# How do electrons lose their kinetic energy in ideal wire?

Electrons keep accelerating due to the electric field (produced by the battery) along the circuit. So electrons gain kinetic energy, hence their drift velocity changes. But this is not the case: electrons flow in average with constant drift speed so they must lose kinetic energy. So how do electrons lose their kinetic energy in ideal wire?

Since there is no resistance in ideal wire, there would be no collisions. So how do electrons lose their kinetic energy?

• "Electrons keep accelerating due to the electric field (produced by the battery)" - There is no electric field within an ideal wire. See, for example, Perfect conductor: "an idealized material exhibiting infinite electrical conductivity or, equivalently, zero resistivity (cf. perfect dielectric)." Jul 16 '19 at 10:24
• This is not the case, no, because no wire is ideal. In a theoretically ideal wire, charges would accelerate to an infinitely high speed. In a non-ideal but still low-resistance wire, you will also see acceleration happening to a very high speed, and most possibly this will cause the wire to melt at some point. Therefor the smallest viable circuit contains a resistor as well, in order to control and limit the current. Jul 16 '19 at 10:34
• @MohammadAlshareef The premise is wrong in this part of your question: "So how electrons lose their kinetic energy in ideal wire." The answer is that they don't. Charges only lose kinetic energy in non-ideal wires. Or in components. In a typical circuit we can usually assume that the wires are ideal, so energy only is lost in components. This makes it much easier to work with, and it is usually a very good assumption, because components usually cost much more energy loss, so any tiny loss in the wires is negligible. Jul 16 '19 at 10:48
• @MohammadAlshareef No, the current can be constant in an ideal wire, if there is a resistor further up along the wire. Then it is the resistor, which limits and slows down the current - it is in the resistor that kinetic energy is lost as heat. Surely, if the charges are slowed down at a resistor, they further incoming charges will "queue up" in front it. they will have to slow down to the same lower and constant speed. This happens at an instant, and after this "queuing up", all charges move at the same drift speed. But kinetic energy is still only lost in the resistor; not in the wire. Jul 16 '19 at 11:00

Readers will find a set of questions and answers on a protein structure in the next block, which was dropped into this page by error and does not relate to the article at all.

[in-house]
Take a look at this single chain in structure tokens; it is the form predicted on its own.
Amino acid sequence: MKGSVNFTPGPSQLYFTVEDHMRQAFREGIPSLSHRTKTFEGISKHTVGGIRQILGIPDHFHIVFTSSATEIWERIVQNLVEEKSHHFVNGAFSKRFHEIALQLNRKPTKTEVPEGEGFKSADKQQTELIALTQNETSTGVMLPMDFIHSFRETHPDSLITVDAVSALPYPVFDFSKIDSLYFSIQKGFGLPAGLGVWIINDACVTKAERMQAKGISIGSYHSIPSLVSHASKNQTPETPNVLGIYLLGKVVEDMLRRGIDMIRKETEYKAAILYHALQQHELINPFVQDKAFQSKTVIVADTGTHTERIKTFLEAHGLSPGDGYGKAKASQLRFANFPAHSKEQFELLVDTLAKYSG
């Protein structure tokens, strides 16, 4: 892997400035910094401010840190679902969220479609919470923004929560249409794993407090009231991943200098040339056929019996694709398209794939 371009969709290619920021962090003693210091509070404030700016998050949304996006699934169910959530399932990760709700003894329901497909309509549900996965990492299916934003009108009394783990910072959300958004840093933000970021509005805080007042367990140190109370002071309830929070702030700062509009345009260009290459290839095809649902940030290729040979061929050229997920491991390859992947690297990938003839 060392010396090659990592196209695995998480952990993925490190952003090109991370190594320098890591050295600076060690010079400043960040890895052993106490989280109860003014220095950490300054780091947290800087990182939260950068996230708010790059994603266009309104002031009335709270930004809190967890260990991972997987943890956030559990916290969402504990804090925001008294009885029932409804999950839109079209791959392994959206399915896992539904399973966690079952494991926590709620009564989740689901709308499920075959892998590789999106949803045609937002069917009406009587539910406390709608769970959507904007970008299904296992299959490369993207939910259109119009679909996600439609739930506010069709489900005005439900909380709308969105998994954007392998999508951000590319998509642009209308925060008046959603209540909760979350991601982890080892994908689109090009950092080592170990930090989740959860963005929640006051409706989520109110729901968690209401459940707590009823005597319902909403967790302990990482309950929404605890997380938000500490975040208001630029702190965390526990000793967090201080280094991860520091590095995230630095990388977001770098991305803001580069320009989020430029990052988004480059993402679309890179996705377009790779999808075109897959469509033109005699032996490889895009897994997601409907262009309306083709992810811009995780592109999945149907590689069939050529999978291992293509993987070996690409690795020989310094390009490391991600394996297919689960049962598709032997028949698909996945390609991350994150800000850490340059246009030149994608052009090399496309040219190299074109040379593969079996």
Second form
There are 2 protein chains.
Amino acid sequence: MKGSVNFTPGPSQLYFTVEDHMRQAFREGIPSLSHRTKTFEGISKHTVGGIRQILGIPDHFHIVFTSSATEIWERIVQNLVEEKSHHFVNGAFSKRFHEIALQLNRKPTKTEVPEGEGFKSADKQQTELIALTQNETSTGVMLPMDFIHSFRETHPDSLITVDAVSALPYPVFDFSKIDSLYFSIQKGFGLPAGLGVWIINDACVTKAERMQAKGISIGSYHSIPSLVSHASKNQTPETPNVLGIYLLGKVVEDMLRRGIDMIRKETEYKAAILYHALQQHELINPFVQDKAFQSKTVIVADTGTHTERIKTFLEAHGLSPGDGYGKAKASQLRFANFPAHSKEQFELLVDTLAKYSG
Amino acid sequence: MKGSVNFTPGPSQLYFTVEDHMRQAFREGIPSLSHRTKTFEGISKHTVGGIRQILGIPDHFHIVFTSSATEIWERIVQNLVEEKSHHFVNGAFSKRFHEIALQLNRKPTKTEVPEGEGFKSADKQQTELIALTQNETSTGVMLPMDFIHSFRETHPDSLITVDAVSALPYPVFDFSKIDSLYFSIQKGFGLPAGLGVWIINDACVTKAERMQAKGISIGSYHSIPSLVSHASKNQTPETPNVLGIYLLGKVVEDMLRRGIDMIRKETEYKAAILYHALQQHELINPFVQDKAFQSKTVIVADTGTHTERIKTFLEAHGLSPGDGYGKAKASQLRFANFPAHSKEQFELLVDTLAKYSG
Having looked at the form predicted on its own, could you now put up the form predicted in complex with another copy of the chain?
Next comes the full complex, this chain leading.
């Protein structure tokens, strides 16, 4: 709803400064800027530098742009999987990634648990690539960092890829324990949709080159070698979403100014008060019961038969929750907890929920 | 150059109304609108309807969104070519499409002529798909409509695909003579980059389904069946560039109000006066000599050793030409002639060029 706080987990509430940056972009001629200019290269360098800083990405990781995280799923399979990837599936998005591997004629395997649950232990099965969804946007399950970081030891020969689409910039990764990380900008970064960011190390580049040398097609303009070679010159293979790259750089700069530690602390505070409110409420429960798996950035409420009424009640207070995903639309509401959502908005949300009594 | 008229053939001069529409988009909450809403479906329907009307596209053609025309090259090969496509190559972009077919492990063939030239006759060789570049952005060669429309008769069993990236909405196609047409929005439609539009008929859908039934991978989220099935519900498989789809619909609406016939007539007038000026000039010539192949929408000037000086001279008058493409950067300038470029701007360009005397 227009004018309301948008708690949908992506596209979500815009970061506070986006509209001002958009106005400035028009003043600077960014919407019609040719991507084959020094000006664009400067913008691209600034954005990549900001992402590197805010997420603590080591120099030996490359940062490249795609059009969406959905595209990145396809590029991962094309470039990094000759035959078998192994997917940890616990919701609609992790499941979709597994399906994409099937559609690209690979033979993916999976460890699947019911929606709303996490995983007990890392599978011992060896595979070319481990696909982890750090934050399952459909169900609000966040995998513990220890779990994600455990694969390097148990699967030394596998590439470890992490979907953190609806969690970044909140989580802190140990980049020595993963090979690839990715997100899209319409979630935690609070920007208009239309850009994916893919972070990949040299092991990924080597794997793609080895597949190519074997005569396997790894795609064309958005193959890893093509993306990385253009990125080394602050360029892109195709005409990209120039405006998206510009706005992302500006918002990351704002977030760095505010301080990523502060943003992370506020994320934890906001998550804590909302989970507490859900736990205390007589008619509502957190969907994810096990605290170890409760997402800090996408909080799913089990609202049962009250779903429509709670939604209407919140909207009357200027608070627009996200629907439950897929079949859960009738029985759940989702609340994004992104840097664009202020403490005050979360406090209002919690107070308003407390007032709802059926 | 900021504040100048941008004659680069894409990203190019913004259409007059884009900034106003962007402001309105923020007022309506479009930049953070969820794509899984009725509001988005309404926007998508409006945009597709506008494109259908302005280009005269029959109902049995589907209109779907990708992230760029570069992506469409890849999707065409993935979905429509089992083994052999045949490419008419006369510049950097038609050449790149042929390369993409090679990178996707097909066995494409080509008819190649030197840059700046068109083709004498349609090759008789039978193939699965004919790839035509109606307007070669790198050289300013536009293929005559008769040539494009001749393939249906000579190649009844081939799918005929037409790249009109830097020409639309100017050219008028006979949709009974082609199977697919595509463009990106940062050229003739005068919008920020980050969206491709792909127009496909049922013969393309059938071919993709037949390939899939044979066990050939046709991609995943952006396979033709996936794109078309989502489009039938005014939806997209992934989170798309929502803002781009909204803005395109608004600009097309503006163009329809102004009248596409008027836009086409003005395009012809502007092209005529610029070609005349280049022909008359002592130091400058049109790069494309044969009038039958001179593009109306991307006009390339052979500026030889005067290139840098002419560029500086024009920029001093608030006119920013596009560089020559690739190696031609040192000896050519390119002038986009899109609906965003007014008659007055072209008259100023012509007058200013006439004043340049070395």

• Mohammad, the current density in a conductor is given by $\vec{J} =\sigma\vec{E}$ where $\sigma$ is the conductivity. Note that as $\sigma\rightarrow\infty$, the electric field goes to zero for finite current density, i.e., in the limit of infinite conductivity (ideal wire), there can be non-zero current density with zero electric field. Also note that in the idealization to a perfect conductor, the mobile charge in the conductor responds instantaneously to any external electric field so that the electric field inside is zero. Yes, this is non-physical thus the term ideal wire. Jul 16 '19 at 11:49

Well, they don't.
An ideal wire would have no resistance so no charge carrier electron collisions with the wire lattice electrons. This would mean that no energy is lost, similar to assuming no friction on an ideal surface.

It could mean that electrons have the speed of light as drift speed. This idea probably doesn't sound right! That's because the wires are ideal, not real. In reality, they would lose kinetic energy.

As an analogy, if you rolled a ball on an ideal surface without friction, it would keep going in theory. But realistically, this real surface would have friction and the ball would lose kinetic energy.

We make these ideal assumptions to simplify problems, not to represent reality.

1. zero electrical resistance, a steady current will flow without losing energy

2. requires a constant magnetic flux, inside the perfect conductor, the magnetic flux must be constant with time. Any external field applied will have no effect to the internal field.

A perfect conductor or perfect electric conductor (PEC) is an idealized material exhibiting infinite electrical conductivity or, equivalently, zero resistivity (cf. perfect dielectric). While perfect electrical conductors do not exist in nature, the concept is a useful model when electrical resistance is negligible compared to other effects. One example is ideal magnetohydrodynamics, the study of perfectly conductive fluids.

As you see in the comments, perfect conductors do not exist.

The answer is that electrons will not lose their kinetic energy in a perfect conductor. Their drift velocity will be the speed of light.

Since the perfect conductor needs a constant magnetic flux, that will keep the electrons move infinitely at speed c.

• Does that mean that speed of light is the maximum speed that electrons can reach ? Jul 19 '19 at 10:34
• @MohammadAlshareef correct, that is because they are inside a perfect conductor. It's like vacuum for photons. Jul 19 '19 at 11:17